C-section complication risk rises with mother’s age


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In Summary

  • Women of all ages had an increased risk of complications with C-sections that were performed after mothers went into labor, a decision that is often made because of medical issues that arise for women or for their babies.
  • Mothers under 25 years old who had C-sections done after they started labor were 60 percent more likely to have complications than their counterparts who had a vaginal delivery.
  • Pregnant women 35 or older who had C-sections after they went into labor were four times more likely to have complications than mothers over 35 who had vaginal births.

Pregnant women are more likely to have complications during labor and cesarean deliveries than during vaginal births, and a new study offers fresh evidence that older mothers are most at risk.

Rates of cesarean deliveries, or C-sections, have risen in the developed world to more than 20 percent of births, even though the World Health Organization recommends this surgery only for the roughly 10 to 15 percent of cases when the health of the mother or baby is in danger. While C-sections can be life-saving, the procedures carry risks like infection, excessive bleeding, damage to reproductive organs and blood clots.

For the current study, researchers wanted to get a clearer picture of how often complications might result from the surgery versus from underlying medical problems that might have caused mothers to get these operations. To do this, they examined data on 1,444 women who experienced severe complications after delivery that were unrelated to pre-existing health problems. They also looked at a comparison group of 3,464 women who didn’t have complications.

Women who had C-sections were 80 percent more likely to have complications than those who delivered vaginally, researchers report in the journal CMAJ. And women over age 35 who had C-sections were almost three times more likely to have severe complications.

“Overall, delivery is safe,” senior study author Dr. Catherine Deneux-Tharaux of INSERM in Paris said by email. “However, in a minority of cases, severe complications can occur in the mother during or soon after the delivery. This happens in about 1.5 percent of deliveries and the main cause is major hemorrhage.”

As women age, the uterine muscle loses its ability to contract efficiently, and this can contribute to heavy bleeding after C-sections among older women, Deneux-Tharaux said.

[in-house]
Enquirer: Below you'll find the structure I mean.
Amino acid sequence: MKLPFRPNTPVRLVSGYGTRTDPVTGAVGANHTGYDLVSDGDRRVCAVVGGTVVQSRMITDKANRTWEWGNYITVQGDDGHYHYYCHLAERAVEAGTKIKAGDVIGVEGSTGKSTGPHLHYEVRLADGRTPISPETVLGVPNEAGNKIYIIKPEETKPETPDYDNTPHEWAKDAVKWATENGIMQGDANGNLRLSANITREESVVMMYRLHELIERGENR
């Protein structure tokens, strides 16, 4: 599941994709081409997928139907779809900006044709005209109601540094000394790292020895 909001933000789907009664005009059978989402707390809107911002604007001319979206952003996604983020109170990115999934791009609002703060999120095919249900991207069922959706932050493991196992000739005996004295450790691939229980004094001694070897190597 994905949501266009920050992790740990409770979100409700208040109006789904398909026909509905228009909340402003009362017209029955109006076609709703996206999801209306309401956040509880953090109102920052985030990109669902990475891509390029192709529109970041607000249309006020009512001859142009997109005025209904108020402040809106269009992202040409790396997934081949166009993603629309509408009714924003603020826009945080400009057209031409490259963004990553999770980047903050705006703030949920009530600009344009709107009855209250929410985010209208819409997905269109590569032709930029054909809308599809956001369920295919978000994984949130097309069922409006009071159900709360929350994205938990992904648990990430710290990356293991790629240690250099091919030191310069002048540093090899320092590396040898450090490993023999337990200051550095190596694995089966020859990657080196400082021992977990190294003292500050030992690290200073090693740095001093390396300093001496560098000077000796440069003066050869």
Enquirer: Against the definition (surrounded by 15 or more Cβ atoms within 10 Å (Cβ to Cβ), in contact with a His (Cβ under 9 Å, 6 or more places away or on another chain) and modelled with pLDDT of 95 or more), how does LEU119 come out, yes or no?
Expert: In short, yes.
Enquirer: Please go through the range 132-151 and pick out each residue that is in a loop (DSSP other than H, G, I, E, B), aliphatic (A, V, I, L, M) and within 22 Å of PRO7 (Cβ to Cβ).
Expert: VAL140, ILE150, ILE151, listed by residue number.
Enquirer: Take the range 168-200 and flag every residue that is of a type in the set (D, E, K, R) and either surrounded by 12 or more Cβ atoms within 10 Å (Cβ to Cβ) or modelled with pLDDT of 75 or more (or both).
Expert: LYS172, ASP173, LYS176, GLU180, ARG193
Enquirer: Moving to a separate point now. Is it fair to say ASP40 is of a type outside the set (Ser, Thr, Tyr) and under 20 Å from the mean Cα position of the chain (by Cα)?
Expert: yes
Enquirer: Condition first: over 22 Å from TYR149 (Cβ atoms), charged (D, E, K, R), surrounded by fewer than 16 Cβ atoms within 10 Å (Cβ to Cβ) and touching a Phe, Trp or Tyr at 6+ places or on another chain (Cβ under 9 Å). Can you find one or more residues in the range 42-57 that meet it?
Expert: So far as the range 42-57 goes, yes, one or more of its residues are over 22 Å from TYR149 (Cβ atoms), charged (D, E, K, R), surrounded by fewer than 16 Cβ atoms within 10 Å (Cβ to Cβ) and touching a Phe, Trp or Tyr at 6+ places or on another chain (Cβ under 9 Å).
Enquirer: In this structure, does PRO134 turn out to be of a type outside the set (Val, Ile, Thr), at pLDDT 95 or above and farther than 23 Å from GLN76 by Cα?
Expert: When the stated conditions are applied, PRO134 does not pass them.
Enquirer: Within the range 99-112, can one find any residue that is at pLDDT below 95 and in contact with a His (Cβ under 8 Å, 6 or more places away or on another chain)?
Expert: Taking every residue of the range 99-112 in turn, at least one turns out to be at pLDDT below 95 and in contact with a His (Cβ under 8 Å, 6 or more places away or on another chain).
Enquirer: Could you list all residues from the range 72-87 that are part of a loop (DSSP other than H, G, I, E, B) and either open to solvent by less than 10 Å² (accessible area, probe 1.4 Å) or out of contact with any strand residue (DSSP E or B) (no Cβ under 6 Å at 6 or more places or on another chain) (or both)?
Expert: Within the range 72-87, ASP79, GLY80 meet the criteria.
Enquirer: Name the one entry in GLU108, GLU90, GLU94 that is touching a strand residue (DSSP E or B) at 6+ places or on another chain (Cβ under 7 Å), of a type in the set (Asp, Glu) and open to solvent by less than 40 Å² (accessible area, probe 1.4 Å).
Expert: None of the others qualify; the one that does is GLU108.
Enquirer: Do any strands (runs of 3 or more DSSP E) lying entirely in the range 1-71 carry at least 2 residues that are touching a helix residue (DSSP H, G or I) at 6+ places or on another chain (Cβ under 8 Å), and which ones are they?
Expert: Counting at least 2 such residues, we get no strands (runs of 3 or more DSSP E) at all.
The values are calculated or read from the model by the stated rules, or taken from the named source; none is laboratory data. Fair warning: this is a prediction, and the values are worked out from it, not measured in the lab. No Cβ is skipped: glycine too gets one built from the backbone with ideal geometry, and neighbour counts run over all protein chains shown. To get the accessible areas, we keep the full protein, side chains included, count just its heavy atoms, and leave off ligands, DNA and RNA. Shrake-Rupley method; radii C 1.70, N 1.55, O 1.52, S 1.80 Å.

“The physiological stop in bleeding after birth involves a contraction of the uterus; that might be reduced in older women,” Deneux-Tharaux said.

About 85 percent of the complications involved bleeding after delivery.

Roughly 36 percent of the women who had severe complications delivered by C-section, compared with 18 percent of the mothers who didn’t have complications.

Women of all ages had an increased risk of complications with C-sections that were performed after mothers went into labor, a decision that is often made because of medical issues that arise for women or for their babies.

Mothers under 25 years old who had C-sections done after they started labor were 60 percent more likely to have complications than their counterparts who had a vaginal delivery.

Pregnant women 35 or older who had C-sections after they went into labor were four times more likely to have complications than mothers over 35 who had vaginal births.

For C-sections scheduled before women went into labor, however, only the oldest women in the study had an increased risk of complications. Mothers 35 and older who had C-sections without first going into labor were five times more likely to have severe complications than mothers who had vaginal births.

The study wasn’t a controlled experiment designed to prove whether or how C-sections might cause complications or to determine how the timing of these surgeries relative to the start of labor might impact the risk.

The researchers also acknowledge that they could not account for every circumstance when a pre-existing problem or complication might have been the reason a C-section was performed.

Even so, the results should give women another reason to be cautious about scheduling a C-section unless they’re certain it’s necessary, said Laura Schummers, a researcher at the University of British Columbia in Vancouver who wasn’t involved in the study.

“The risks of cesarean delivery accumulate over a woman’s lifetime, with a first cesarean increasing risks in subsequent pregnancies, increasing likelihood of a second C-section, and increasing complications in that second cesarean,” Schummers said by email.

“As more women delay childbearing to age 35 or beyond, this study underscores the importance of judicious C-section decision-making, particularly for women in this age group who may go on to have additional pregnancies.”

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